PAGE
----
Nav: Home

Unveiling the electron's motion in a carbon nanocoil

May 15, 2016

Carbon nanocoils (CNCs) are an exotic class of low-dimensional nanocarbons whose helical shape may make them suitable for applications such as microwave absorbers and various mechanical components such as springs. Typical thicknesses and coil diameters of CNCs fall within the ranges of 100-400 nm and 400-1000 nm, respectively, and their full lengths are much larger, on the order of several tens of micrometers. Despite earlier pioneering work, the relationships between the geometric shape of natural CNCs and their mechanical and electrical properties, particularly the electrical resistivity, are not well understood.

Now, researchers at Toyohashi Tech, University of Yamanashi, National Institute of Technology, Gifu College, and Tokai Carbon Co., Ltd. have established that the resistivity of CNCs increases with coil diameter. This required the development of a precise resistivity measurement method, using a focused ion beam (FIB) and nanomanipulator technique to select a sample CNC with the desired coil geometry and then make firm electrical connections to the instrument's electrodes. All the resistivity data obtained with CNCs were well fitted by a curve predicted by a theory known as variable range-hopping (VRH), which is suitable for disordered materials at low temperatures.

The research shows that the interior of the nanocoil contains material that affects its electrical properties. The scientists examined 15 individual CNCs, and three CNCs that had been artificially-graphitized to give them lower resistivity (G-CNCs). Although the resistivity of the CNCs increased with coil diameter, it was almost unchanged for the G-CNCs. As a consequence, for the CNCs with the largest diameters, the resistivity was almost two orders of magnitude larger than that of the graphitized versions. This large discrepancy in the resistivity between CNCs and G-CNCs indicates a significant structural complexity inside the CNCs. Our results imply that the interior of CNCs with large coil diameter is filled with a highly-disordered carbon network that consists of many small regions (known as sp2 domains) embedded in a sea of amorphous carbon. To verify this theory, the temperature dependence of the resistivity between 4 K and 280 K was examined. The resistivity data obeyed two different versions of the VRH theory; the regime in the temperature range of 50-280 K was found to be the so-called Mott-VRH version, while that in the range of 4-20 K was the Efros-Shklovskii-VRH version. Interestingly, the resistivity curves shifted smoothly between regimes as the coil diameter was changed.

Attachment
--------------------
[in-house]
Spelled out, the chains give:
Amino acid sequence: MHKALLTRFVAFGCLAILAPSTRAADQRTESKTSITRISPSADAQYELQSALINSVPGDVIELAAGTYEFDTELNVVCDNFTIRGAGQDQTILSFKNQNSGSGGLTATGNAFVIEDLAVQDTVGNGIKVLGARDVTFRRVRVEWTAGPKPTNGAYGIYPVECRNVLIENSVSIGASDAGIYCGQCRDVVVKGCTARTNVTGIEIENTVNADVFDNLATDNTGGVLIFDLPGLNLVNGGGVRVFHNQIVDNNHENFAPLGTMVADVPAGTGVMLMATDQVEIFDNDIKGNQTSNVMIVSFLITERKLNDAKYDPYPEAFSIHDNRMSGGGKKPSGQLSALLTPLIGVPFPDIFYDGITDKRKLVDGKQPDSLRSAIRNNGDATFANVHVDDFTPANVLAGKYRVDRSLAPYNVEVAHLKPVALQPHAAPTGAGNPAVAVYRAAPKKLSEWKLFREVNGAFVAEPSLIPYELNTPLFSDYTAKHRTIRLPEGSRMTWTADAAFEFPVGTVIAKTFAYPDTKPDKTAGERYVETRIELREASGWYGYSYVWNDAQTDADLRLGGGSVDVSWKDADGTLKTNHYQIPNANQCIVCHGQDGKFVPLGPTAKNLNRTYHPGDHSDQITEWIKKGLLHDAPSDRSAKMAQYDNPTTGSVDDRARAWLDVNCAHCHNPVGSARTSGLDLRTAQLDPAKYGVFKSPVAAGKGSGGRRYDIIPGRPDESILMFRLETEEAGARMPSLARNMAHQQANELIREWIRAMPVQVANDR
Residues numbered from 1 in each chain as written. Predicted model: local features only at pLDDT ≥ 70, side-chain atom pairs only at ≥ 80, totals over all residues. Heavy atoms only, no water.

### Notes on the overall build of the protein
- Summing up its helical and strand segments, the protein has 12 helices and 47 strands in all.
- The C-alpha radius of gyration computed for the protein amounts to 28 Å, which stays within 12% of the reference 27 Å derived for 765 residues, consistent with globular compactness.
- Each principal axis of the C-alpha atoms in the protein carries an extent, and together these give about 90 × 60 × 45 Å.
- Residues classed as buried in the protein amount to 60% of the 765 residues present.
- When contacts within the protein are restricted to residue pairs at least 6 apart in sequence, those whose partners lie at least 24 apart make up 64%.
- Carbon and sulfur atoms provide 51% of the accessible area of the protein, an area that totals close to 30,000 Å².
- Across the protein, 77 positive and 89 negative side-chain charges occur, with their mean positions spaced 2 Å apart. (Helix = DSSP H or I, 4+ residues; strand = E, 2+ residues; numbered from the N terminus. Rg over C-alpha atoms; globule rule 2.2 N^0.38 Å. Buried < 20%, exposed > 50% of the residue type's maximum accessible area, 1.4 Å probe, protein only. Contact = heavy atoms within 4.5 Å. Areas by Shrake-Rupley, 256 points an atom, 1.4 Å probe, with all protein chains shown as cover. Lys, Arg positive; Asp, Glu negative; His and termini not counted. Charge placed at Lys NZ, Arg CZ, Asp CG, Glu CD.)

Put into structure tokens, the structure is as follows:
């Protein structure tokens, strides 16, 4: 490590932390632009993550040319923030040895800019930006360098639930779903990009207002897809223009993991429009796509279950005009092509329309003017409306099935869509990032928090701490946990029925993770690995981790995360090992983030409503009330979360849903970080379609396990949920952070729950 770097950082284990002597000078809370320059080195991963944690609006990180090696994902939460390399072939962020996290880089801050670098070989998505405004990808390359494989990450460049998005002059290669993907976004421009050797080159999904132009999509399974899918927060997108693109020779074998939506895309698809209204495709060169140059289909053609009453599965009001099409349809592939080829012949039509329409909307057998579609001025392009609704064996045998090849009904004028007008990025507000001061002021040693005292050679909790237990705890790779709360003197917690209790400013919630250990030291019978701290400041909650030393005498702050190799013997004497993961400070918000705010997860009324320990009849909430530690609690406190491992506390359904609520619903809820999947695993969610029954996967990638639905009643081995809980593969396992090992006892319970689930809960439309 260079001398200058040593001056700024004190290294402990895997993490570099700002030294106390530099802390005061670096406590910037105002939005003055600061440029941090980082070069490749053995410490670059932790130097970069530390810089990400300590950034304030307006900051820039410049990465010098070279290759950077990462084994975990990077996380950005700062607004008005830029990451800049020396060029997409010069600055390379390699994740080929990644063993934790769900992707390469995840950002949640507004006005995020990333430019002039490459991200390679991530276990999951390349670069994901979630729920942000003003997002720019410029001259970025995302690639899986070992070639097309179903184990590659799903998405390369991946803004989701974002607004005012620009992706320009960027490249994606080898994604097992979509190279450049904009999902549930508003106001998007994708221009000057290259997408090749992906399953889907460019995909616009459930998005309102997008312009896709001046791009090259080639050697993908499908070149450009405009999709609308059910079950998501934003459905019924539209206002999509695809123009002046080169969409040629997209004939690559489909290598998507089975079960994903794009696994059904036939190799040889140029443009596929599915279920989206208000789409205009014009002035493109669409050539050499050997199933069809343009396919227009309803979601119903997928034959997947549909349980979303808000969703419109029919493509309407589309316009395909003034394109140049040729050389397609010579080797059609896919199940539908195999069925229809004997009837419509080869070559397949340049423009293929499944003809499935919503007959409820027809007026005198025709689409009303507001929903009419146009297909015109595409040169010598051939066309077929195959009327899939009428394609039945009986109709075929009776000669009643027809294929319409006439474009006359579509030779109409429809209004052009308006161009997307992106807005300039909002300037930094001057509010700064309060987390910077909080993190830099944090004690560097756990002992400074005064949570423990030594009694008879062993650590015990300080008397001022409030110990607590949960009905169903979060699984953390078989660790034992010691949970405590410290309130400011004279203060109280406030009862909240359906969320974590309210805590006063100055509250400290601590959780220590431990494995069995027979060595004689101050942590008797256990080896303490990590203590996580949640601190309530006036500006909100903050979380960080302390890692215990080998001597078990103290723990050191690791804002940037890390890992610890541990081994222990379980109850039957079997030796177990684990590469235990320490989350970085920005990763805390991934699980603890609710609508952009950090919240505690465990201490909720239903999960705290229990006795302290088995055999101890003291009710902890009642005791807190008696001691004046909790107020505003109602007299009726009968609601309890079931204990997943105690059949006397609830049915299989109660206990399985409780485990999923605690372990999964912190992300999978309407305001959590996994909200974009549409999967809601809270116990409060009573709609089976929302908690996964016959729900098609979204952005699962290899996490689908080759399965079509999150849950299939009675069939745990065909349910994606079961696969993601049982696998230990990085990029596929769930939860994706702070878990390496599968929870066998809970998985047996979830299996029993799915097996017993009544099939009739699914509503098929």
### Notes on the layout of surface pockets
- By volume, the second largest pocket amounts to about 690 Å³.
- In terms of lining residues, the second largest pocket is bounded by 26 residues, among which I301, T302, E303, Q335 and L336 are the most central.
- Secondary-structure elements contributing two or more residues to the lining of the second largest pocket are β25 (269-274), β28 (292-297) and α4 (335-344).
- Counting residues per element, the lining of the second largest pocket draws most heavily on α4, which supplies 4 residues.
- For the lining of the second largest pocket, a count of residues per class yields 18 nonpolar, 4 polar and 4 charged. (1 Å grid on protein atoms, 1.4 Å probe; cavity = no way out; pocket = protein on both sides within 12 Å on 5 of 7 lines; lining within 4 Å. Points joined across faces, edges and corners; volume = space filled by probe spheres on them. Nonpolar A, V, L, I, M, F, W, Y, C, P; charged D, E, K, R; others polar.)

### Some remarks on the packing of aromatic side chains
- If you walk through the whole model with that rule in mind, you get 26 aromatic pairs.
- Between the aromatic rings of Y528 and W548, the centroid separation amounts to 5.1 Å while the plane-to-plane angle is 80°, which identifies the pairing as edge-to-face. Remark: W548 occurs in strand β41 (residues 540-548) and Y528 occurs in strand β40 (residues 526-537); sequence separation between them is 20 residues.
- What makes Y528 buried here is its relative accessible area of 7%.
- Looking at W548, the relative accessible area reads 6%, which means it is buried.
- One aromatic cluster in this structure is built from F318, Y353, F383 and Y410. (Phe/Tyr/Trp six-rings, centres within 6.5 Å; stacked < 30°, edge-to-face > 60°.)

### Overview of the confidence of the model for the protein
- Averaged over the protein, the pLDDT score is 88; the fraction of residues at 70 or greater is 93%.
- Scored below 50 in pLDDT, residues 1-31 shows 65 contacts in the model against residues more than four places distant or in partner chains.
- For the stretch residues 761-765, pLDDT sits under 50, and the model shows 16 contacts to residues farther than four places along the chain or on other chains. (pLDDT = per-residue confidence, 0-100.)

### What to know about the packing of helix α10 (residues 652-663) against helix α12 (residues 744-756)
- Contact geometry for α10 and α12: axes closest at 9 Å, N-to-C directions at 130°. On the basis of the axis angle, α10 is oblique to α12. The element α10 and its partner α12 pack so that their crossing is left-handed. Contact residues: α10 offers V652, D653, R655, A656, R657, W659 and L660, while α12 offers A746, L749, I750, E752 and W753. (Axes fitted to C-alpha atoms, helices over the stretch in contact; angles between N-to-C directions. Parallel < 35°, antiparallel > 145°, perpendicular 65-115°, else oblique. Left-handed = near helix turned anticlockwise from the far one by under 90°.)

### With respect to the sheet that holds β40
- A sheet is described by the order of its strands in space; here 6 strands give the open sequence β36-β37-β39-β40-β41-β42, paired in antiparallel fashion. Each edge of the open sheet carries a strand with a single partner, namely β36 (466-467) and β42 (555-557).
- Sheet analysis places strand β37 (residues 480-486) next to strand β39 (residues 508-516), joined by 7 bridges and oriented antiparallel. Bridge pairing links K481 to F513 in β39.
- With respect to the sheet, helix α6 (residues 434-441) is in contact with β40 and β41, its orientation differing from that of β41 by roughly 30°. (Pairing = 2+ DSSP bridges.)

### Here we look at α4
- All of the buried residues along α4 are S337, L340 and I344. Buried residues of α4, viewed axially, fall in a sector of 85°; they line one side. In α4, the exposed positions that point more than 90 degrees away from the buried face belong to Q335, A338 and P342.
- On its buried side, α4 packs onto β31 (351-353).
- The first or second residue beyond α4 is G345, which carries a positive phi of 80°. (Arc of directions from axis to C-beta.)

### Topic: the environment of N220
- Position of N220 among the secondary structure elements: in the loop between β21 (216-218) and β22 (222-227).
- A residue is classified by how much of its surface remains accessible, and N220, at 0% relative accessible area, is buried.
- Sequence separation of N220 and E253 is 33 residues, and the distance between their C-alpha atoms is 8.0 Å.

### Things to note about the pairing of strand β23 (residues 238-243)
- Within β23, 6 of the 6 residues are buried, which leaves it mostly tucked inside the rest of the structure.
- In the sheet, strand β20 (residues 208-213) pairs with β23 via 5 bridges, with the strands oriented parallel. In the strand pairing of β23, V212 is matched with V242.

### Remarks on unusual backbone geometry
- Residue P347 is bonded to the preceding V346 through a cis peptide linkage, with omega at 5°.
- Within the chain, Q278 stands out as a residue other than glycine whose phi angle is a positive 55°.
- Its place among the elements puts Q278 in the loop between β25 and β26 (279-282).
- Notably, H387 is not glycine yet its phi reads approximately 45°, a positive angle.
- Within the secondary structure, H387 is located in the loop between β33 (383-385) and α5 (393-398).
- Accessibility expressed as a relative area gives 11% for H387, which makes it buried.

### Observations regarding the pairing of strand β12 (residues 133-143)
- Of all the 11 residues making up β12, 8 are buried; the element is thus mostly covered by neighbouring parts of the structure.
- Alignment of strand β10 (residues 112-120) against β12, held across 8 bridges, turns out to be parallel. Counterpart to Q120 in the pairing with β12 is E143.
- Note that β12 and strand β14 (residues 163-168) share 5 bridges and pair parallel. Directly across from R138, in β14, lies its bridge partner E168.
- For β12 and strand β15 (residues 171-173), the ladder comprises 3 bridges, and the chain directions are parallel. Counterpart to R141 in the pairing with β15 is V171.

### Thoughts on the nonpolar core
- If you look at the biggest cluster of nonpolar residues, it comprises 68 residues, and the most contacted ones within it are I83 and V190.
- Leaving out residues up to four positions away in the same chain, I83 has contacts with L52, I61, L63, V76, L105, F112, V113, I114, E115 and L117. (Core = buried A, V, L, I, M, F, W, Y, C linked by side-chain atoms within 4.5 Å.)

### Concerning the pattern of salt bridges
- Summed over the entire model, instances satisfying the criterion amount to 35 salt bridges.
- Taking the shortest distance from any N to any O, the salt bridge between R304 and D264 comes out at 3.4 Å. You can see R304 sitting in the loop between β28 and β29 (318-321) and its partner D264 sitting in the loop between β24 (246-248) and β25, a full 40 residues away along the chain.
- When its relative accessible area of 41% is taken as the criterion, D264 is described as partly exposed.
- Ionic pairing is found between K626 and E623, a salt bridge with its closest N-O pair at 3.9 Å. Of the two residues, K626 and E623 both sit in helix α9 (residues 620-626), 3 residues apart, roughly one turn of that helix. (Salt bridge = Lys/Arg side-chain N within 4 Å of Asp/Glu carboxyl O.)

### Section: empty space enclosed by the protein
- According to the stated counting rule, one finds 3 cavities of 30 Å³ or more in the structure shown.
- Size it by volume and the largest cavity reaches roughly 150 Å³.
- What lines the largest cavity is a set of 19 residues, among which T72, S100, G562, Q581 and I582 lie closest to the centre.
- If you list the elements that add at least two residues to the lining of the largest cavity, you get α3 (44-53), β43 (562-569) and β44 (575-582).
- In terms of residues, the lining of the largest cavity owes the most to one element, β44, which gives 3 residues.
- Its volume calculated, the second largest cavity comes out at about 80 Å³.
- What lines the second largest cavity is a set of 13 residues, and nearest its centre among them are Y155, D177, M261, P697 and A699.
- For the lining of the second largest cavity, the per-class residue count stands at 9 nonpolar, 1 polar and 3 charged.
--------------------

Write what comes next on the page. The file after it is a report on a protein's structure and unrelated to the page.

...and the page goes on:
"We found this behavior three years ago. Owing to the efforts of two students, we included the resistivity data for G-CNCs and straight carbon nanofibers (CNFs), and compared them to the data for the CNCs", explains Associate Professor Yoshiyuki Suda, "I am so glad that Prof. Hiroyuki Shima and Dr. Tamio Iida joined this study. We obtained the low-temperature measurement data and discussed it using the VRH theory. Eventually, we came to the conclusion that this behavior is a unique phenomenon for CNCs and can be fitted by VRH."

The first author, Master's course student Yasushi Nakamura, commented on how they went beyond the CNC resistivity measurements of other groups. "It was a long and challenging task. I had to prepare many single CNC samples using a focused ion-beam apparatus. Our finding was achieved by establishing a precise measurement system using a scanning electron microscope and acquiring resistivity data for many single CNCs."

The group's present results on resistivity are in qualitative agreement with their previous findings on the mechanical properties of CNCs: Tensile load experiments showed that their shear modulus increases with coil diameter. The positive correlation between the shear modulus and coil diameter is possibly caused by the fact that in large-diameter CNCs, the population of sp2 domains, which are fragile against shear stress, is reduced in comparison to small-diameter CNCs.